On Native Wellness: Danielle Cameron

On Native Wellness: Danielle Cameron

It's National Reconciliation Week 2021 here in Australia. In honour of this year's call to impactful action, we wanted to amplify the voice of Danielle, Roogenic's Indigenous Liaison and Founder of BlackBirds Culture, who facilitates our connection with Indigenous communities and helps us continuously improve and give back in an impactful way.

What’s your go to Roogenic tea at the moment?

My whole family have been huge lovers of Roogenic tea. I have always loved native happiness, Xaves loves native strawberry and Chrys loves the Super Detox tea. We have at least one cup a day, it’s honestly one of my favourite teas in the world.

What’s your role at Roogenic and how did you get involved with Roogenic?

It will be almost 4 years now since I connected in with Roogenic and started to work with them on community projects. Our values and love for building community capacity started there and it’s now been a year that I have been working with Roogenic on building Aboriginal and Torres Strait Islanders capacity in organisation and community.

It’s one of the best companies I have ever worked for.

Each staff member has such love and respect for what they do and are all about making a difference.

Can you tell us about your family and your role as an Indigenous role model to your son and the broader community? 

I have a very alternative family, my partner and son mean the world to me and every day we try to lead by example so we can guide our boy so he can be curious about life, be interested in learning, culture and have a genuine care for people.

This year on New Year’s Day we went out and gave food in to those less fortunate in Perth CBD to learn the art of humanitarianism and he really valued that. We teach him to treat others with kindness and respect and we teach him the value of giving back.   I think I try to do the same in the community.  I also try to show kindness to others and always keep learning

Can you tell us about BlackBirds Culture?

Blackbirds Culture is an Aboriginal and Māori social enterprise that aims to empower, educate and support the community’s general mental and emotional health and well-being.

We do this by leading and facilitating culturally appropriate training, workshops activities and events that focus on mental health first aid, self- care, life coaching, art programs and more.

We offer Aboriginal, Youth and Standard Mental Health First Aid accreditation.

We tailor a Mental Health First Aid (MHFA) course to suit your workplace.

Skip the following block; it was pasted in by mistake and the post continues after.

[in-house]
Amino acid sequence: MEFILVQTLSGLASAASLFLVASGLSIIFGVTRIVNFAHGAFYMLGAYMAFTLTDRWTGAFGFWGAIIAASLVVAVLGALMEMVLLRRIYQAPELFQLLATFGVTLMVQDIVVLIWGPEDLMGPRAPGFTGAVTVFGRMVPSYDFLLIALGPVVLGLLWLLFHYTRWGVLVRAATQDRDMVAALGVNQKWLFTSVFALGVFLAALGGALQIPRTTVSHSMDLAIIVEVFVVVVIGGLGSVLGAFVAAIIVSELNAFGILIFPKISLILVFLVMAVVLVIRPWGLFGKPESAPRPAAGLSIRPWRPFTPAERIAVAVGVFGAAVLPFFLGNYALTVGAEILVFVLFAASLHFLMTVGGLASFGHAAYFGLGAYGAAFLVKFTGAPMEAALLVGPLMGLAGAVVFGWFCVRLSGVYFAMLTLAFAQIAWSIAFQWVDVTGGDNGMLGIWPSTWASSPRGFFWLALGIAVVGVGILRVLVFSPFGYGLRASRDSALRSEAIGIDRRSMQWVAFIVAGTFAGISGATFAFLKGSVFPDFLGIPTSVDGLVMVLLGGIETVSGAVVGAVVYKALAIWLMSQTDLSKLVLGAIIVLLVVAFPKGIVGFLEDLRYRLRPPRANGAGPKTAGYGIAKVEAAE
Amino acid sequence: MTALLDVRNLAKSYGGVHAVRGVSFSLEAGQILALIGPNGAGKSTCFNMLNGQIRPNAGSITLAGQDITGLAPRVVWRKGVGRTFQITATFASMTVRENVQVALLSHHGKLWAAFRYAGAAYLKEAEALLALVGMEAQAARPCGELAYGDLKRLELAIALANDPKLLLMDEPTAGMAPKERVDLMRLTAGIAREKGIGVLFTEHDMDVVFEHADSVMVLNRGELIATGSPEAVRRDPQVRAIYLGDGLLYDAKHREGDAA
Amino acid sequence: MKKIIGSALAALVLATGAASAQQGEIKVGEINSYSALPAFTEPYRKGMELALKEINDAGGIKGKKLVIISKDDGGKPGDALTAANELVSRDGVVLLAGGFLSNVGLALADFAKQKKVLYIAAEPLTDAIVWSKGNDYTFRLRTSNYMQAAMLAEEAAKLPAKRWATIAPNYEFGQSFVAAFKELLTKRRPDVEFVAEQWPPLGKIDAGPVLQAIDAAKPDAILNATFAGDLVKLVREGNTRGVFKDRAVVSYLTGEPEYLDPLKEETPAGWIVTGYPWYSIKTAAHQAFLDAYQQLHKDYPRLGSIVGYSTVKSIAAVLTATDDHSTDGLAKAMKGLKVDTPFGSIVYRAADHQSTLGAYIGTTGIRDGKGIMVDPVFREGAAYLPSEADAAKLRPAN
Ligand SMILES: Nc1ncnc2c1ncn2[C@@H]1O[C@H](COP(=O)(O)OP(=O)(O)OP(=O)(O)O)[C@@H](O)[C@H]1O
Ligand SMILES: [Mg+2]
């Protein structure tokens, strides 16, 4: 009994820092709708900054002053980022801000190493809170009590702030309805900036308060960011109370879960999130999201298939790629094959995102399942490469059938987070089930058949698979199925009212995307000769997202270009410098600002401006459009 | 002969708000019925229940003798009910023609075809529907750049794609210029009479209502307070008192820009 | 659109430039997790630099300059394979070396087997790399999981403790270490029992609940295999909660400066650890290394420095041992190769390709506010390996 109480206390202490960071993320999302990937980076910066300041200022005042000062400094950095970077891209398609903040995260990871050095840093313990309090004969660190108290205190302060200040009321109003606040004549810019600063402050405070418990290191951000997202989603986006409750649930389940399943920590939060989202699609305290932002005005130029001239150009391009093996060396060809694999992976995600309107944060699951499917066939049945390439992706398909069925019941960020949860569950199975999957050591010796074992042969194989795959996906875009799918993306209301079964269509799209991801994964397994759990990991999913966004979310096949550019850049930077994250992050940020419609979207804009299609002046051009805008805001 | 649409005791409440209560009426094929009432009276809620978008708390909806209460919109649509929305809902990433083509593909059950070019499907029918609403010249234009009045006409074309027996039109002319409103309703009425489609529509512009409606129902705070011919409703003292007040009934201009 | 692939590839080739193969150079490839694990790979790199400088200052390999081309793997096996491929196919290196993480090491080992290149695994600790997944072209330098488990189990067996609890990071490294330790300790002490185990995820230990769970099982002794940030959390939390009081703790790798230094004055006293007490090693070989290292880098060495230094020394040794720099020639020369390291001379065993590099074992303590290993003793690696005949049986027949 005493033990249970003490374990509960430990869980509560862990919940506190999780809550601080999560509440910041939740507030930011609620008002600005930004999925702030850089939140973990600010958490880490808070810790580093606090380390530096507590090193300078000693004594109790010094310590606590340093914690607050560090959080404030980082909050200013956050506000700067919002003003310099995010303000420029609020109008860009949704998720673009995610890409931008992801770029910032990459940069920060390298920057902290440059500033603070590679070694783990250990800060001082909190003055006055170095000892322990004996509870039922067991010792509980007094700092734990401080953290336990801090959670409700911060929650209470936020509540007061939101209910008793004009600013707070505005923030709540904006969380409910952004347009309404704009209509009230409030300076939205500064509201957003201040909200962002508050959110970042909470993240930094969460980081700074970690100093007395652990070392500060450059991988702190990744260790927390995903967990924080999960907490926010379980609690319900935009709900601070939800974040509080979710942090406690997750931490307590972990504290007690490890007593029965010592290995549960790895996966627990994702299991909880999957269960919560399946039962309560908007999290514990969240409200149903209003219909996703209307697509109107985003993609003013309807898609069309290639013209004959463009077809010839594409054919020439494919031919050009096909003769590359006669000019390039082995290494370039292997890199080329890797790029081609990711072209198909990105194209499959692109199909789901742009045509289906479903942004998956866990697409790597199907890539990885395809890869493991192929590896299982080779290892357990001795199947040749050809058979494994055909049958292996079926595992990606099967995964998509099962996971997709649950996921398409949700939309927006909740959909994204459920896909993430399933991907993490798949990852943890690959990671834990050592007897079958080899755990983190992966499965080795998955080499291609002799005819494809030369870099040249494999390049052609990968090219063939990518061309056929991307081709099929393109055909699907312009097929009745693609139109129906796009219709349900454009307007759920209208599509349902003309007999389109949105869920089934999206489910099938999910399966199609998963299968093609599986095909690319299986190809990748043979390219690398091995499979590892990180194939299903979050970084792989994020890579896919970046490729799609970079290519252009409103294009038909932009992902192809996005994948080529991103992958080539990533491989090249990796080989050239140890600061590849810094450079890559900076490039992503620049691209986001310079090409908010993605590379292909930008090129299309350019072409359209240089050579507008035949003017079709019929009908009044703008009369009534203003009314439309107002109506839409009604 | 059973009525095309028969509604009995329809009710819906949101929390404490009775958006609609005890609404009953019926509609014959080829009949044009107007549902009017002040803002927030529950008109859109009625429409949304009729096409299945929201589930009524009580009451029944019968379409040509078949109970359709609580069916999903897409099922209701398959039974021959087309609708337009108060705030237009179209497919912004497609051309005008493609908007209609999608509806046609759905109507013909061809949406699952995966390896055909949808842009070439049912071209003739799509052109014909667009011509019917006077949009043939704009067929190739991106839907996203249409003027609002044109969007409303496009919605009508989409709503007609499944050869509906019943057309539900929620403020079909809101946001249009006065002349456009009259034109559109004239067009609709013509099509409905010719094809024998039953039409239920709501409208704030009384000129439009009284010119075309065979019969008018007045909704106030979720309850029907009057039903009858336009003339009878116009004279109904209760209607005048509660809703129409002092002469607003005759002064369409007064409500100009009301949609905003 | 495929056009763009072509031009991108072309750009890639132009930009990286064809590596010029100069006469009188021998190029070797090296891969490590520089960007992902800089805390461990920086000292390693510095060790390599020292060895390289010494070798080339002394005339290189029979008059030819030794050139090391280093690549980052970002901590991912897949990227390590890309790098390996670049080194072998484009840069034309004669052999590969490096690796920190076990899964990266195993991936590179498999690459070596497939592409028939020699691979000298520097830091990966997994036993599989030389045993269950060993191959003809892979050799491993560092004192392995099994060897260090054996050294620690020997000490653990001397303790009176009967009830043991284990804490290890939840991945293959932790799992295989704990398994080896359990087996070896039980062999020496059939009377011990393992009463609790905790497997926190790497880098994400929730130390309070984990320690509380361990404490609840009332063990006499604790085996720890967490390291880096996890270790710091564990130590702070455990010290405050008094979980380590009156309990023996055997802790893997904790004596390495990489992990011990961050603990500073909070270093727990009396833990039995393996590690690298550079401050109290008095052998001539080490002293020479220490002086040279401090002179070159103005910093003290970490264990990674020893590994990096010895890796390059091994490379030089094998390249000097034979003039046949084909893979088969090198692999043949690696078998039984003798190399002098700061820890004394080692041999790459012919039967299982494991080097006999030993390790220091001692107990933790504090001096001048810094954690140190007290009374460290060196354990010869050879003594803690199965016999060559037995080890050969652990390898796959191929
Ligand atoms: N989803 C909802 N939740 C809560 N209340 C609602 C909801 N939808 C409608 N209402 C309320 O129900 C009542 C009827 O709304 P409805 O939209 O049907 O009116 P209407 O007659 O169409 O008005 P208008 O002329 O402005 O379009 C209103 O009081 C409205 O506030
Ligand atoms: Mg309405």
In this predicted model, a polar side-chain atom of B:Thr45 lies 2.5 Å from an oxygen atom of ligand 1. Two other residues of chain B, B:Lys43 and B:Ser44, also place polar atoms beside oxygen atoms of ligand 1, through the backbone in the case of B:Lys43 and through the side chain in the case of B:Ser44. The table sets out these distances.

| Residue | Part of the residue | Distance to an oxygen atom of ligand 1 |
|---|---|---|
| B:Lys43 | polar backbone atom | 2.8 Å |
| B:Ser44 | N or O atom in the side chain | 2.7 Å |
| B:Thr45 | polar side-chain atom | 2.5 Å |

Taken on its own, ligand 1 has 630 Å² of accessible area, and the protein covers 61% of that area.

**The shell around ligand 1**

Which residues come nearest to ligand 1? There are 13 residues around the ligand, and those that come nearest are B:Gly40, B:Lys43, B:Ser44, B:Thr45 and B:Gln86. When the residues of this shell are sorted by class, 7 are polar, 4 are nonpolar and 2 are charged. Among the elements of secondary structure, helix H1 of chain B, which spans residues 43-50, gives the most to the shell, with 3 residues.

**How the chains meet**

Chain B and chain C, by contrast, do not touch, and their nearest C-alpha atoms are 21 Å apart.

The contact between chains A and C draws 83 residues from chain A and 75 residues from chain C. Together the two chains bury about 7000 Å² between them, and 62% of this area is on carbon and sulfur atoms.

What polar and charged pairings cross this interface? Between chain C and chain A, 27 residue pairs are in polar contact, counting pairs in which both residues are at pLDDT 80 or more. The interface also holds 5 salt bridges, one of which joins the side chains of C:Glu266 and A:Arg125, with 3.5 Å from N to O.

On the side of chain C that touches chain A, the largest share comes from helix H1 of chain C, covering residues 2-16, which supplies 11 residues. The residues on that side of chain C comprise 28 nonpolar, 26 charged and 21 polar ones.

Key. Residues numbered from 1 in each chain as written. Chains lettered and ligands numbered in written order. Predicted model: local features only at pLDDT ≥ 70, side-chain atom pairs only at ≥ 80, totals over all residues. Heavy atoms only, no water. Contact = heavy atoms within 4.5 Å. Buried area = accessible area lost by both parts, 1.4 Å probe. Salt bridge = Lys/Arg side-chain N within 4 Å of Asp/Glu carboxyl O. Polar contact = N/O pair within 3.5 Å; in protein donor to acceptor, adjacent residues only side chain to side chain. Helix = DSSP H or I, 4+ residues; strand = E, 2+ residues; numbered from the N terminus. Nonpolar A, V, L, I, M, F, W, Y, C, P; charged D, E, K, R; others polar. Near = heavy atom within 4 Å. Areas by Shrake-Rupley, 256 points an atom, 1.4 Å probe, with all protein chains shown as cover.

We have a combined 15 years of experience in running cultural infused programmes and events that enhance social and emotional well-being.

What inspired you to launch a social enterprise that supports Indigenous mental health?

I think from an early age I have had to work hard. My mum became unwell when I was young about 7 due to a tragedy that happened and then we had to work, study, play competitive sports and community commitments to survive. I think I had my first paid job when I was 10. 

This has set me up in life knowing that if you want anything you have to work hard. I have a passion to ensure my sons life looks different and that I have the opportunity and skills now to empower others to change and challenge the stigma around mental health that I know this can help people create different outcomes.

I’ve worked in the community for over 15 years for other agencies and I wanted this year to launch or business to start building community capacity and make change.

I also know the challenges of people trying to access services at times so I am able to share my knowledge with others.

What are your top 3 tips for looking after your mental health?

1. Doing at least one thing a day that brings you joy

2. Be grateful for the little things

3. And do something kind to your Body and mind even if it’s just 5 mins a day!

Do you have an affirmation or philosophy that you share with people that reach out to you?

Omg I love Brene Brown, she’s my go to gal!

When I see people stand fully in their truth, or when I see someone fall down, get back up, and say, ‘Damn. That really hurt, but this is important to me and I’m going in again’—my gut reaction is, ‘What a badass.’”

Connect with Danielle Cameron at BlackBirds Culture.


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